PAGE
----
Learn More > 

 

5. Order Defect Rate (ODR): The number of orders with a minimum one defect divided by the total number of orders (both within the same period). Defects include cancellations, returns, delivery defects, and customer complaints. Sellers must maintain an ODR of 2% or lower to meet Walmart’s performance standards. 
Learn More > 

6. Pricing Parity/Reasonable Price Not Satisfied: To ensure a great customer experience, Walmart set automated rules that eliminate non-competitive priced items from the Walmart.com marketplace. Walmart enforces this by identifying identical products on other platforms, such as Amazon, and seeing if they are listed at a lower price than listed on Walmart. The Price Parity rules unpublishes products when the offer price is higher than a competing website. The Price Parity rules are slightly different from the Reasonable Price Not Satisfied rule, which unpublishes products if the offer price is drastically higher than competing websites.   

Amazon enforces a similar price parity policy, which is one reason it’s so important to maintain consistent strategy, marketing, promotions, and pricing across all online sales channels. 

7. Referral Fees: Walmart charges a category-based referral fee ranging between 6%-20% (most common is 15%) for selling on their marketplace. 

8. Seller Center/Seller Portal: A Walmart platform,similar to Amazon’s Seller Central, used by Walmart sellers to market and sell products to Walmart customers. 

9. Seller Scorecard: The Seller Scorecard,found in Walmart Seller Center,provides an overview of how well your products are performing under the Walmart Seller Performance Standards.  

10. TwoDay Delivery: If a customer purchases an item with TwoDay delivery designation, then the seller must deliver the product by the end of the following day. For the customer, orders over $35 are free. Most products sold on Walmart.com are eligible for the program, but products sold by Walmart Sellers are not.  
Learn More > 


11. Walmart 3P Merchant: An independent company that sells products on Walmart’s online marketplace.This can be a brand selling its own products directly or a dedicated wholesale retailer selling products to consumers on a manufacturer’s behalf.  

12. Walmart Buy Box: A section on the product page near the “Add to Cart” button that shows from which seller shoppers will be buying. A seller earns sales only when they win the Buy Box. When multiple sellers are in the same listing, each will win the Buy Box for a certain percentage of time. Walmart awards the Buy Box to sellers based on product price, availability, and seller performance.  

 

13. Walmart Enhanced Content: This Walmart.com feature allows sellers to create listings with additional media, such as more images, banners, comparison charts, descriptions, interactive product tours, and videos. These features help capture shopper interest and can lead to higher conversion rates.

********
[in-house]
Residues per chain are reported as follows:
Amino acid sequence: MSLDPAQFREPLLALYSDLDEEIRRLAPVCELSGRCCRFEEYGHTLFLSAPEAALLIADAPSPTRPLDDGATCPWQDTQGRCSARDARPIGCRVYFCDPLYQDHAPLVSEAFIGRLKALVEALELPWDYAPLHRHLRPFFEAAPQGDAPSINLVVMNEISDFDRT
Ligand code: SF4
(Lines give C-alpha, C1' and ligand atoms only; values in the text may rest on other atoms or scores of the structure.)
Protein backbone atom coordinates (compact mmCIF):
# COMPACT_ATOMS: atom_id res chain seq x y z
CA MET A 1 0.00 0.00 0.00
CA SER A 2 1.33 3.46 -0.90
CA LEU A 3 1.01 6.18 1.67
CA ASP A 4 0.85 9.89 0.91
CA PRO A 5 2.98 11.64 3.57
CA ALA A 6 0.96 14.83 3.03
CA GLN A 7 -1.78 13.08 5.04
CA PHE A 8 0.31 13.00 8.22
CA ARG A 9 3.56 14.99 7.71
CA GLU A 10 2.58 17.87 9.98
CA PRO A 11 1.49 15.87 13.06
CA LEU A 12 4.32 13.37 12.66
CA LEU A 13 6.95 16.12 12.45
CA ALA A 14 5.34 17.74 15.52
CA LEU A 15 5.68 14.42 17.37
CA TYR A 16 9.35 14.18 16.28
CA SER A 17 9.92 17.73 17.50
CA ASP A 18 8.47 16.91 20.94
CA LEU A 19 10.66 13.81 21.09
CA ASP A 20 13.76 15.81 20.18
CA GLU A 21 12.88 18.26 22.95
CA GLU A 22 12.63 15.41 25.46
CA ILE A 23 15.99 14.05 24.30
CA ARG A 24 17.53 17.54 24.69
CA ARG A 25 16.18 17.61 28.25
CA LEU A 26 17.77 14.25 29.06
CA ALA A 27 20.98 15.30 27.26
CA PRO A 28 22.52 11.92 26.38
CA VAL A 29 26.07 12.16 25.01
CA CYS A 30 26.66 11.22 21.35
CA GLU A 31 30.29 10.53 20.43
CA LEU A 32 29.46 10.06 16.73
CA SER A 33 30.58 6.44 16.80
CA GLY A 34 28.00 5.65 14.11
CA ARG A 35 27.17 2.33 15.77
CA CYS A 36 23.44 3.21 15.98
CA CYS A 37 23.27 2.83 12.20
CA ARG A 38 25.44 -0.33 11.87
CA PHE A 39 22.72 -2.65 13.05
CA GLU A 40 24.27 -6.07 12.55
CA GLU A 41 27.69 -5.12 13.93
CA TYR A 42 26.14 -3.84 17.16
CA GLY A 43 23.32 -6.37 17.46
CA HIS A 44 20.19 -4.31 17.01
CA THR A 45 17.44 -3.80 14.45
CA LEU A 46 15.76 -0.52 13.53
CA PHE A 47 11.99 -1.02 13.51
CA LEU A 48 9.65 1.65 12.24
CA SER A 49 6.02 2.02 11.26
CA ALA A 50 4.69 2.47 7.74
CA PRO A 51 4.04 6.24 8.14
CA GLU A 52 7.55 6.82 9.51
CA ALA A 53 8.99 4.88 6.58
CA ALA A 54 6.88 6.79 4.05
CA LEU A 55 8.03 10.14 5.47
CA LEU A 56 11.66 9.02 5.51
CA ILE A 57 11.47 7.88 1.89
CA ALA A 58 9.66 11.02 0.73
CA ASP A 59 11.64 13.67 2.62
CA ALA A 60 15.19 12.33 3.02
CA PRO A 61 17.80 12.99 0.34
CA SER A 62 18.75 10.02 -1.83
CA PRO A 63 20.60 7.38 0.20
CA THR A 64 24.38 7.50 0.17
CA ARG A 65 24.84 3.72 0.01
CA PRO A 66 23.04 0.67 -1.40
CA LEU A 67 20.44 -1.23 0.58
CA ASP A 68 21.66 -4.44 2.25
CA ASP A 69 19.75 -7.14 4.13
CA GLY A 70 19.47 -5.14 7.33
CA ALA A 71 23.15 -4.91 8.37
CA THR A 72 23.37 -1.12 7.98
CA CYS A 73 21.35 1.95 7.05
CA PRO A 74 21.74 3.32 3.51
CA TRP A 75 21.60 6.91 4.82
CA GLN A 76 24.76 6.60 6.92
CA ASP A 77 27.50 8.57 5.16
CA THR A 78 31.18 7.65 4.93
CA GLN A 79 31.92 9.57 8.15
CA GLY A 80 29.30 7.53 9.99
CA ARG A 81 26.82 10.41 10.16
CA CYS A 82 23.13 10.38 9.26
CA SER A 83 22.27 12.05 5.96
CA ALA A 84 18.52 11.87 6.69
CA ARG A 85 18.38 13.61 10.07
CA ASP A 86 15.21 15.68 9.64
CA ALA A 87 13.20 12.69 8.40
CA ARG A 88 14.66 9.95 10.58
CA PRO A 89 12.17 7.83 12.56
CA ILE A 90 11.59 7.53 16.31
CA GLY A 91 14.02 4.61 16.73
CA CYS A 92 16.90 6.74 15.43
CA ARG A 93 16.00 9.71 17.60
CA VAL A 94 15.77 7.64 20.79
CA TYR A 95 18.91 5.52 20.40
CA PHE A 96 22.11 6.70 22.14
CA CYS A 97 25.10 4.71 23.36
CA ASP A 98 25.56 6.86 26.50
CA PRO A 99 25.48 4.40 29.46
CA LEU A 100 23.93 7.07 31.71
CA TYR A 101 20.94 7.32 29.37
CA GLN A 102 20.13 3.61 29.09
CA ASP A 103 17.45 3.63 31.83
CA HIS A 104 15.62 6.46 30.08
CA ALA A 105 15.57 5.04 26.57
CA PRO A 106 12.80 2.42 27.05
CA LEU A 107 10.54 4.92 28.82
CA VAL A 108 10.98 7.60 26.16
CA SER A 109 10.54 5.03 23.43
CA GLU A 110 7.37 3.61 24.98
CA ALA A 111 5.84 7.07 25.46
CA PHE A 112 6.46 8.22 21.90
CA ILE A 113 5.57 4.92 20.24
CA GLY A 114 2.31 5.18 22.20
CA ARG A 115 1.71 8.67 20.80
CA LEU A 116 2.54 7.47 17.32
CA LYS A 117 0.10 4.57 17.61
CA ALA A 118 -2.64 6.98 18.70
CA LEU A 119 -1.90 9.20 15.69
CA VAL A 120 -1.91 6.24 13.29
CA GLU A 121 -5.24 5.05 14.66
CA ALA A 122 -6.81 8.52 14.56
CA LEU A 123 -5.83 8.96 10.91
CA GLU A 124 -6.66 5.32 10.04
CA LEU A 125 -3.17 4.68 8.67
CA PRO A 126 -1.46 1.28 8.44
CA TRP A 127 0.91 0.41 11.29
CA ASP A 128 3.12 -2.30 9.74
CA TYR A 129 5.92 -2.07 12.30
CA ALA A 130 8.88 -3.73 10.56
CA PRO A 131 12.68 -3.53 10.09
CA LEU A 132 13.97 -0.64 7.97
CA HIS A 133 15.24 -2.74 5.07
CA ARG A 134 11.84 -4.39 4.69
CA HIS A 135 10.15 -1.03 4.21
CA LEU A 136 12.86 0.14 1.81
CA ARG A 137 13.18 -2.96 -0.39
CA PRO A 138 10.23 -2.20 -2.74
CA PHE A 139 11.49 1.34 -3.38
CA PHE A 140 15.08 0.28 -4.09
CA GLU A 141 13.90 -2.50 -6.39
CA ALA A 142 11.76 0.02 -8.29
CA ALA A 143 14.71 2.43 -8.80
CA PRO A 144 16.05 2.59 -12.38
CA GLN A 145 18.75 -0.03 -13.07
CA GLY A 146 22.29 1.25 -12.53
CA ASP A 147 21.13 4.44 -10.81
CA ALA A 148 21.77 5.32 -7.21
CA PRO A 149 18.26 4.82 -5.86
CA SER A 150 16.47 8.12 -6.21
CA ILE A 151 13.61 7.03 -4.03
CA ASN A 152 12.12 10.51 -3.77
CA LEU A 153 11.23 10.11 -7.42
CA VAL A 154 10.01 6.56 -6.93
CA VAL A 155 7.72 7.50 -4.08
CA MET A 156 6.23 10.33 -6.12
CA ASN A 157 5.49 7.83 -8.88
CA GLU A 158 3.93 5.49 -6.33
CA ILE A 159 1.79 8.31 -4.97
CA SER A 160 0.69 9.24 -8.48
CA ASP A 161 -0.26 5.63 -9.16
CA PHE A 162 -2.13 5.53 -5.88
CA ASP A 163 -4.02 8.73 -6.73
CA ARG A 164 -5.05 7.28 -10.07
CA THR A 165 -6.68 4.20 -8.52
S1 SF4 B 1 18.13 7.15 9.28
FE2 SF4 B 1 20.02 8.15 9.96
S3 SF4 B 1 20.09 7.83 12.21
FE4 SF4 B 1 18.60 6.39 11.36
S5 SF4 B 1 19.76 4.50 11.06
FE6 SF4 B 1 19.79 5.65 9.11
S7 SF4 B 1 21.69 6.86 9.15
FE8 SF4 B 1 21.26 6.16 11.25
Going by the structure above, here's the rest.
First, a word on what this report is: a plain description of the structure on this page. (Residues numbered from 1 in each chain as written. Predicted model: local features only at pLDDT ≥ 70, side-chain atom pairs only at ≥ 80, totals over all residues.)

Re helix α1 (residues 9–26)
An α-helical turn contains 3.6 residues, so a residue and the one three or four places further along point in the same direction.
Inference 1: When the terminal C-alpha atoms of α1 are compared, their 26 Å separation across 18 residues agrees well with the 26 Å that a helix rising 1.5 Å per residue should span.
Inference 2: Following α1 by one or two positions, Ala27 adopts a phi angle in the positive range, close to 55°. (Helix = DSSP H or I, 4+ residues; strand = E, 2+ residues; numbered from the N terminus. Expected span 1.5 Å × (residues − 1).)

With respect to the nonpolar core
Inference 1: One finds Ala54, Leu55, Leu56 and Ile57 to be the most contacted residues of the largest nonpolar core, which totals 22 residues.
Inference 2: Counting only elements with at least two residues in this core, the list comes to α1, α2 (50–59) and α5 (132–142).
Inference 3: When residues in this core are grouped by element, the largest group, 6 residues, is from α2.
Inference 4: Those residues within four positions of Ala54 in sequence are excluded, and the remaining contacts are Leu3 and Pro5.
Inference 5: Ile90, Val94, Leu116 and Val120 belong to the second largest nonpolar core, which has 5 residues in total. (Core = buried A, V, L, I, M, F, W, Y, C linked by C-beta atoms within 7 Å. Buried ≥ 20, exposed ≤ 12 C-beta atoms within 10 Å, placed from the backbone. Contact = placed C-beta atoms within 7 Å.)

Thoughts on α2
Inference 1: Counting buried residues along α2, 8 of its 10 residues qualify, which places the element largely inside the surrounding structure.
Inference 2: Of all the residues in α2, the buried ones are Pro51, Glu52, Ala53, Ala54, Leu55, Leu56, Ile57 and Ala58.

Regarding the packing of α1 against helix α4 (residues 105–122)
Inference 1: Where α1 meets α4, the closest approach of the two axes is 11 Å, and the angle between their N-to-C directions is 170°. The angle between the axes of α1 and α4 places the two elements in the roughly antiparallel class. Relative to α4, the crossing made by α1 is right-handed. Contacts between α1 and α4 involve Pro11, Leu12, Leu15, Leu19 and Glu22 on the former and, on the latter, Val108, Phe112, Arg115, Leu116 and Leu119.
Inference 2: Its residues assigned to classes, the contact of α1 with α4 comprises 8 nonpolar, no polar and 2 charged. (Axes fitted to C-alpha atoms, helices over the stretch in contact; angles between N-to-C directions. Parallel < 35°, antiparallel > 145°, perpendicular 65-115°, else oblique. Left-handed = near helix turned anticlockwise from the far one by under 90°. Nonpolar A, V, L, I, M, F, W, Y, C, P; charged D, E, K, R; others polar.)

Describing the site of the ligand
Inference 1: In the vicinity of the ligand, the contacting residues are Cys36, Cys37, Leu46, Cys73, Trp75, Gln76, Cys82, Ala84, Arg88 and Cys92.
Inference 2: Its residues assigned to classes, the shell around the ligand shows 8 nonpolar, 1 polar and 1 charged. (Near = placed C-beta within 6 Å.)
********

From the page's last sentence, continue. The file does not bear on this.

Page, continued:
Learn More >

14. Walmart Fulfillment Center: A physical location to which Walmart sellers ship inventory. Inventory is stored in and fulfilled from the fulfillment center.   

15. Walmart Fulfillment Services (WFS): A Walmart service in which third-party vendors keep their product at Walmart’s warehouses. Walmart will pick, sort, pack, ship, track, and handle product returns and refunds for a fee. 
Learn More > 

16. Walmart Marketplace: The official name of Walmart’s online platform.The Walmart Marketplace allows Walmart and approved third parties to sell goods online to Walmart customers. 
Learn More > 

17. Walmart Media Group (WMG): Walmart’s first-party media branch. Brands who sell on Walmart can work with WMG to promote their products rather than hiring a third-party seller, marketing agency, or an internal marketing team to do it for them. 
Learn More > 

18. Walmart Plus: A Walmart subscription-based service similar to Amazon Prime that gives members access to unlimited same-day delivery for eligible items, discounts at Walmart gas stations, and early access to Walmart deals. The current cost is $98/year, which is roughly $20 less than Amazon Prime.  Walmart Plus is expected to officially launch in August 2020. 
Learn More > 

19. Walmart Solution Providers: Third-party providers who offer a wide range of ecommerce services for the Walmart Marketplace. Services can include item setup, inventory, order fulfillment, pricing, marketing, and more. Walmart categorizes Walmart Solution Providers into three categories: Full-Service Solution Providers, Specialty Solution Providers, and Content Solution Providers. Kaspien is a Specialty Solution Provider. 
Learn More > 

20. Walmart Sponsored Products: Similar to Amazon Sponsored Product Ads, these cost-per-click (CPC) ads are used to promote products on com website, mobile platform, and app. 
Learn More > 

Also check out our list of 100 Terms Every Amazon Seller Should Know.

Want to learn about selling on Walmart.com? Check out our free eBook!

Download the eBook: “WFS: Walmart’s Gamble to Challenge Amazon FBA”


 

On August 4th, Amazon published a press release announcing the impending launch of Amazon Sweden. On August 11th, Amazon sent an email to sellers with more details about what to expect with the new marketplace.  

In this email to sellers, Amazon stated that Amazon Sweden will be available within EU Seller Central accounts as Seller Central Sweden. All Professional Selling fees and referrals fees will stay the same with this expansion.  

The email also outlined how products currently in Amazon’s European Seller Central will synchronize to Seller Central Sweden. Amazon has created the Build International Listings (BIL) tool to automate and accelerate this process. If a seller does not wish to have his or her listings synchronized, they must override it manually. Amazon notes that products subject to the Swedish Chemical Tax will be excluded.